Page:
Parents separated

Braddon’s mother left Braddon’s father due to his infidelity, and Braddon was raised by her mother alone.

Writing desk

Braddon received a writing desk from her godfather, which began her interest in storytelling.

Acting career

Braddon started her acting career, performing under the name of Mary Seyton.

Published first novel

She published her first novel, Three Times Dead, which was later reissued as The Trail of the Serpent.

See a full list of her novels



Braddon moved in with the publisher John Maxwell and raised his five children. Maxwell’s first wife was still alive, and there was much scandal about his relationship with Braddon.

Success of Lady Audley’s Secret

Braddon enjoyed phenomenal success with this novel.

Had a child

Braddon had the first of her six children with Maxwell.

Success of Aurora Floyd

Braddon’s reputation as a ‘sensation’ writer was fixed with the success of Aurora Floyd.

Published The Doctor’s Wife

This adaptation of Gustave Flaubert’s Madame Bovary represents Braddon attempting to change literary direction to more realist fiction.

Read about Madame Bovary


Belgravia: A London Magazine

Braddon became the ‘conductor’ (editor) of this popular periodical and continued in this role for a decade.

Published twentieth novel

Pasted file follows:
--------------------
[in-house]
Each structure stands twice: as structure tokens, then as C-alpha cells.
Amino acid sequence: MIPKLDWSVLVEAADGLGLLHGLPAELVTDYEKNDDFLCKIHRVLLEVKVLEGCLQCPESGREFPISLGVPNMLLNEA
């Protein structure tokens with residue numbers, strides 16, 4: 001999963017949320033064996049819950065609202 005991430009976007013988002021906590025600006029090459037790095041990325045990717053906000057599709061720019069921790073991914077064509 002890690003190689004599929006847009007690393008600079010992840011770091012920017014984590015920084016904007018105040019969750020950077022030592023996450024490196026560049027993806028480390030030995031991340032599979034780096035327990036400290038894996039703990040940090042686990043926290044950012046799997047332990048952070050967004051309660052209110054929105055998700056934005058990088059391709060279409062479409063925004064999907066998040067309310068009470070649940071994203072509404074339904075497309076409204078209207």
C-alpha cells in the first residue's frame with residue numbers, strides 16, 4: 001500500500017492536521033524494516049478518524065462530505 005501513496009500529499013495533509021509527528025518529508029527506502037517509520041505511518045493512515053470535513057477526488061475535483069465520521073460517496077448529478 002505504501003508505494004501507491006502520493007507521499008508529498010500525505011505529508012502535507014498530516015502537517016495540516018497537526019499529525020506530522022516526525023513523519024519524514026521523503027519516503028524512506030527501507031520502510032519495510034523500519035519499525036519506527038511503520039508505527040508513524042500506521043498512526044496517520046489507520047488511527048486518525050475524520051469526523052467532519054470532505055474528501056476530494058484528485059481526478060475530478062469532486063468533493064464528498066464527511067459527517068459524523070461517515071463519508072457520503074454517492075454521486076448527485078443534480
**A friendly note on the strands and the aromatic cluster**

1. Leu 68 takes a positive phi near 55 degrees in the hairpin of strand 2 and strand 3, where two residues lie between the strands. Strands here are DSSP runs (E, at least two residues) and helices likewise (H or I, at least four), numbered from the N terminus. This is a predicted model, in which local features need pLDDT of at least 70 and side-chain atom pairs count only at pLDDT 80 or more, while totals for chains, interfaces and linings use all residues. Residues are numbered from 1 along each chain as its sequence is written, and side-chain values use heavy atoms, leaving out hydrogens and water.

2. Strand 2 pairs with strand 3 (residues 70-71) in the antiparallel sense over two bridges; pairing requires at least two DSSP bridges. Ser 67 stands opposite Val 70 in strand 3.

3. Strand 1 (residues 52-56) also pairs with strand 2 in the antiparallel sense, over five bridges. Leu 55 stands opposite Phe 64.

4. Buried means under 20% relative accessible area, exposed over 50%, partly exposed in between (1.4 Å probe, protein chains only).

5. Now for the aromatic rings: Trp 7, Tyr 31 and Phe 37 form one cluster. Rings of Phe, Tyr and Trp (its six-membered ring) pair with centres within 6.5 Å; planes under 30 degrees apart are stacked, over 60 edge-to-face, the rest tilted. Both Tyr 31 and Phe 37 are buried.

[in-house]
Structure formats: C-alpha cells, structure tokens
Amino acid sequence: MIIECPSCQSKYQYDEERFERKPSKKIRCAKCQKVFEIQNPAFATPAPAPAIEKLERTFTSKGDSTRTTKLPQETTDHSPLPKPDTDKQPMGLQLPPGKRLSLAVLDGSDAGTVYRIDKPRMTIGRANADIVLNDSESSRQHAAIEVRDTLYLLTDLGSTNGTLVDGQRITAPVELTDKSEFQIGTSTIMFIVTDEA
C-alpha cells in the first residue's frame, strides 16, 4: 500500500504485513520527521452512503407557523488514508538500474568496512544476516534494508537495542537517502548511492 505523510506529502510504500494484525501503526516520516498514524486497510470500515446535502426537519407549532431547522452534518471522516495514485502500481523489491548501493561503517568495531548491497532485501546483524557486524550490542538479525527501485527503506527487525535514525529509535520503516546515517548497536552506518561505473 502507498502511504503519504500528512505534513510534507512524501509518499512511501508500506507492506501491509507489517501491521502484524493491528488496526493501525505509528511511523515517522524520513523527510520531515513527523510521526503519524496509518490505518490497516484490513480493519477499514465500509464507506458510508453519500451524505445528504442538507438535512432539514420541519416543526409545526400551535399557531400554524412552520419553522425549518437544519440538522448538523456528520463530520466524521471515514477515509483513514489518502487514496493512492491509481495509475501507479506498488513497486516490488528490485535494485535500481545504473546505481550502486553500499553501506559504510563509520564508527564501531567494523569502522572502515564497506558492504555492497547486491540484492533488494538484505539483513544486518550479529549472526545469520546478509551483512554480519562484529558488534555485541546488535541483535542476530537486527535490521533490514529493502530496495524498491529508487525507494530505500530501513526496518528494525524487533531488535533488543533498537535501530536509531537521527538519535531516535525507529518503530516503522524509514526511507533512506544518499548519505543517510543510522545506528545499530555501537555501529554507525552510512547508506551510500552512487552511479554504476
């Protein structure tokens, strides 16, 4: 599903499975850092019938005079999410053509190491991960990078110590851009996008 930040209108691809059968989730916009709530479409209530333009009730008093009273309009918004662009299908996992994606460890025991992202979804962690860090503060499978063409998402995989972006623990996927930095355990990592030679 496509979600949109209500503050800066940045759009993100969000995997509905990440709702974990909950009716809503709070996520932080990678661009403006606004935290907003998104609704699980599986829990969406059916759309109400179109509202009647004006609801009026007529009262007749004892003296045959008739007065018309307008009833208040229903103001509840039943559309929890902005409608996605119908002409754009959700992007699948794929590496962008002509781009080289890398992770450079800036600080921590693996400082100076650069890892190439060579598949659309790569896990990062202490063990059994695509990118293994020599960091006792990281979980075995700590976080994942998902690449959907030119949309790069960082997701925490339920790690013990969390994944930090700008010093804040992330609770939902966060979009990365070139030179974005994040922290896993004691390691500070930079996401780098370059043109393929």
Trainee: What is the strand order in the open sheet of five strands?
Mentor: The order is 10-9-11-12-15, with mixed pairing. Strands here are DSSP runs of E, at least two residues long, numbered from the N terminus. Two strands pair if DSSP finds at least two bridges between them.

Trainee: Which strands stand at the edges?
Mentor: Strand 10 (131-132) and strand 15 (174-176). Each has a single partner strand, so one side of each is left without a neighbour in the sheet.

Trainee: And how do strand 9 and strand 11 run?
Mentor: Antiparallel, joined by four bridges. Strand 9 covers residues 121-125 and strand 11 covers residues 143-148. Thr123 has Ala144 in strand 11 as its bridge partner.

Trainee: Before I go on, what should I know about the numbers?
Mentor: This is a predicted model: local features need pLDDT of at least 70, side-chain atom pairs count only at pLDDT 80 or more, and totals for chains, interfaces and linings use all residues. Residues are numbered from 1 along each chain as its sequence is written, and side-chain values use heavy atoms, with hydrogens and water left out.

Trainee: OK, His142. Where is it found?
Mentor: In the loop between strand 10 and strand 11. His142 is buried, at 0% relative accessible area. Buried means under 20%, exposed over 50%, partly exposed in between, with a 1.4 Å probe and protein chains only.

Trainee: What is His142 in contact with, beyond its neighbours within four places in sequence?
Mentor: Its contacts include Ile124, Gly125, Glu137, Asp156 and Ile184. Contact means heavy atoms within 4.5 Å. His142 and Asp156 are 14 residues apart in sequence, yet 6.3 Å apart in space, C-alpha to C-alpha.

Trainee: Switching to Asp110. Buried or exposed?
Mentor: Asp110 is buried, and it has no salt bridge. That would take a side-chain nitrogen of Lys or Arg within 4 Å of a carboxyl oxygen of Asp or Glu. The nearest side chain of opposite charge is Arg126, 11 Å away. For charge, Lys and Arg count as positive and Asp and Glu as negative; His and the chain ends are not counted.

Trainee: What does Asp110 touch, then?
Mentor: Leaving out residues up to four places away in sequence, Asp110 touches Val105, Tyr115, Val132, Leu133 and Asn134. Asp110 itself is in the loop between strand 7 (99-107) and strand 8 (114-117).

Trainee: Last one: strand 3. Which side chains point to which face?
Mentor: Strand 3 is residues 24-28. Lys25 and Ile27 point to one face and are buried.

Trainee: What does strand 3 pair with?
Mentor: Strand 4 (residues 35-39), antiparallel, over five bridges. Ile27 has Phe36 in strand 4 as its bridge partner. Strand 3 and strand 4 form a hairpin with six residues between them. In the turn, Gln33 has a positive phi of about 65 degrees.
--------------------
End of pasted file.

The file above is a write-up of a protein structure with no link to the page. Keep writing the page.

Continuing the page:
She published her twentieth novel, entitled Run to Earth.

Nervous breakdown

Braddon suffered a nervous breakdown, which was further complicated by puerperal fever.

Married Maxwell

Maxwell’s first wife died, and he married Braddon soon afterwards. This revived the scandal of their relationship.

Published thirtieth novel

She published her thirtieth novel, entitled Lucius Davoren.

Theatrical success

Her play The Missing Witness was performed for the first time.

The Mistletoe Bough

Braddon began editing a Christmas fiction annual called The Mistletoe Bough.

Published fortieth novel

She published her fortieth novel, entitled Vixen.

Published fiftieth novel

She published her fiftieth novel, entitled Like and Unlike.


Maxwell died.

Published sixtieth novel

She published her sixtieth novel, entitled Under Love’s Rule.

Published seventieth novel

She published her seventieth novel, entitled Dead Love Has Chains.

Film success

A film version of Aurora Floyd was made, and Braddon attended the first screening.

Read a plot summary of the 1915 film


Helped patients during the war

Braddon engaged in charitable work at the outbreak of World War I.


Braddon died on 4th February in Richmond.

Final novel published posthumously

Her final novel, Mary, was published after her death.

Further film adaptation of Lady Audley’s Secret

Another film version of Lady Audley’s Secret was made.

Watch an extract